2022-24 Lender Student Fellows

ParKer BryantParKer Bryant is a Ph.D. student in the literacy education department in the School of Education. As a Blackqueer, non-traditional, doctoral student, ParKer is of a generation raised on the principles of Billie Holiday “God bless the child that’s got his own,” Black Christian emphasis, “faith without works is dead,” and the street poetics of Lauryn Hill, “how you gon’ win when you ain’t right within.” Born and groomed in Jacksonville, FL, ParKer carries no expectation that anything in this life should just be given to her. Therefore, ParKer acquires and evolves multidimensionally through acts of service and her commitment to love as a living practice. ParKer’s research is rooted in the mindbody liberation she found in words and storytelling as a young human. And as a Ph.D. student, ParKer investigates racialized and linguistically biased texts’ mediation on Black youths’ cognition.


Aren BurnsideAren Burnside (he/him/his) is a third-year Ph.D. student in the anthropology department at the Maxwell School. After growing up locally, he obtained a B.A. in anthropology and a B.A. in philosophy from Syracuse University in 2020. He is interested in the way that space is made, both physically and socially, within the city of Syracuse and its surrounding townships, suburbs, and environments. Through the Lender Center Fellowship, he hopes to build a critical dialogue that examines, reevaluates and begins to deconstruct the ways that powerful institutions have militarized the city of Syracuse and employed new technologies to surveil, contain, and disenfranchise marginalized populations within the city. He is excited to work with this disciplinary team of incredible scholars to help think about and build a more inclusive, equitable, and just Syracuse.


Nadia Lyngdoh-SommerNadia Lyngdoh-Sommer (she/her/hers) is a second-year honors student majoring in sociology. Nadia is from Singapore and is very interested in social justice issues, especially immigration and criminal justice. Throughout her time at the University, Nadia has prioritized engaging with the Syracuse community by working as a Syracuse Literacy Corps Tutor at the Northside Learning Center. Here, Nadia has been able to form strong connections with and learn from the northside community, as well as see the inequalities they face. Nadia is excited to further explore these inequalities by researching the use of AI in policing and how it disproportionately affects communities of color in Syracuse. Nadia hopes that this research will allow her to help support and amplify the voices of local activists who have been calling for justice in the community.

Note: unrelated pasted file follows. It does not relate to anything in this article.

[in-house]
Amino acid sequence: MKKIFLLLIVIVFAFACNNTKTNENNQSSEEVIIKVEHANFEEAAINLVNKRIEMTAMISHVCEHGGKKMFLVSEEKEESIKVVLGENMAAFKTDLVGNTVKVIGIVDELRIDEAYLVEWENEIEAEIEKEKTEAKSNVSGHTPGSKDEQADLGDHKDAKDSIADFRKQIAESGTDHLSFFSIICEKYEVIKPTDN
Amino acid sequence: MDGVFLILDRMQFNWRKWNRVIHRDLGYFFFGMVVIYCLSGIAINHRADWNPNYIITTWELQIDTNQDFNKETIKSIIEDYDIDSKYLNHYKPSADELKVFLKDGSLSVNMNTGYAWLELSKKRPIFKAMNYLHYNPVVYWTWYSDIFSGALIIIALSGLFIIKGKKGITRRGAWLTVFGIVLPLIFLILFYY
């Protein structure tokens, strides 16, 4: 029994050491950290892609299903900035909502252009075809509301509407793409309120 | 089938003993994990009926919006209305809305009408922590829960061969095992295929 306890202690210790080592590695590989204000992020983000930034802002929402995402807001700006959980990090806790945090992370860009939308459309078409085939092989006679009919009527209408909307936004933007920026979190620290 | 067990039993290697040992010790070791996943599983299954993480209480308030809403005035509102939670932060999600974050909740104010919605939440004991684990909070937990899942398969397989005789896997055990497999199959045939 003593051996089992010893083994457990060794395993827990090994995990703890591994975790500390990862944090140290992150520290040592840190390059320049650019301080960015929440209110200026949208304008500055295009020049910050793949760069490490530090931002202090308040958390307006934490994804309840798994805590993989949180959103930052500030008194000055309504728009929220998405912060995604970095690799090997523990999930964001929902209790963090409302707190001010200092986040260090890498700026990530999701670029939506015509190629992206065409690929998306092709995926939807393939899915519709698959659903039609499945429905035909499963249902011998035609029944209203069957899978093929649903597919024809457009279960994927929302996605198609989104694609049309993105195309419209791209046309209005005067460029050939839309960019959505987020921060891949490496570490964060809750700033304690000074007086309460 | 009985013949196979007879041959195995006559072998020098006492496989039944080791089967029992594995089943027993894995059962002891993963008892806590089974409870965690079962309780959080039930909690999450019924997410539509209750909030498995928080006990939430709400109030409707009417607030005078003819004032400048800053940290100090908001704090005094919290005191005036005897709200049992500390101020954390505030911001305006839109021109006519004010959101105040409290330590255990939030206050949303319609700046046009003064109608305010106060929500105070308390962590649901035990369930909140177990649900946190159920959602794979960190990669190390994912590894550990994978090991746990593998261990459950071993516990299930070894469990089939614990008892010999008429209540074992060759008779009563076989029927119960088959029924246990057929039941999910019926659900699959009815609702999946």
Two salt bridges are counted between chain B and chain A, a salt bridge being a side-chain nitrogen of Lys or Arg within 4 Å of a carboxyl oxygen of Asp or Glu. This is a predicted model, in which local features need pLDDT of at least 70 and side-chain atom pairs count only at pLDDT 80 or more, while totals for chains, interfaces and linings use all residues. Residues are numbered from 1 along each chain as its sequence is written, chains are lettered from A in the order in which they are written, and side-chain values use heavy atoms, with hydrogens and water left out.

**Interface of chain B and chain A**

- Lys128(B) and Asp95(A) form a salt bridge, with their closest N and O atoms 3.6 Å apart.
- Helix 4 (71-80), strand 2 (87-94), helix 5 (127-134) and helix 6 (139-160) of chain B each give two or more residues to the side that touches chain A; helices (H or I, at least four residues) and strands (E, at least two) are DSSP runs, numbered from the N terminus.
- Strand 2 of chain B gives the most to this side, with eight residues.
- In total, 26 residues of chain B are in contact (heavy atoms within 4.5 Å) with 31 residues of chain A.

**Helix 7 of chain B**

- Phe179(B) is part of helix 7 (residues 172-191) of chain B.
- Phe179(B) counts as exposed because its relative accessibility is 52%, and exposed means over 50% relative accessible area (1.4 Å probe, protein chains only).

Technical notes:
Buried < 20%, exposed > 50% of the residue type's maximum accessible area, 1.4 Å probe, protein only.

Cheryl OlangaCheryl Olanga is a sophomore in computer science in the College of Engineering and Computer Science. Since coming to the University, Cheryl has become more aware of the ways AI is inherently biased against people of color and plans to use her student fellowship and her academic pursuits to devise a framework and a blueprint for devising solutions to the implicit biases found in AI. Cheryl wants to use her computer science degree to help solve the social issues we are facing. Cheryl hopes that the Lender Student Fellowship will provide her with a platform to actualize her dreams and passion for changing systems that have become normalized in contemporary society.
Anna TerzaghiAnna Terzaghi is a Junior at Syracuse University majoring in international relations and anthropology in the Renée Crown Honors Program. Anna is an international student from Sydney, Australia, and approaches her work with a global perspective. Her academic interests focus on international human rights and archival research, and she is looking forward to further examining the current-day use of drones and AI in the Syracuse community and beyond.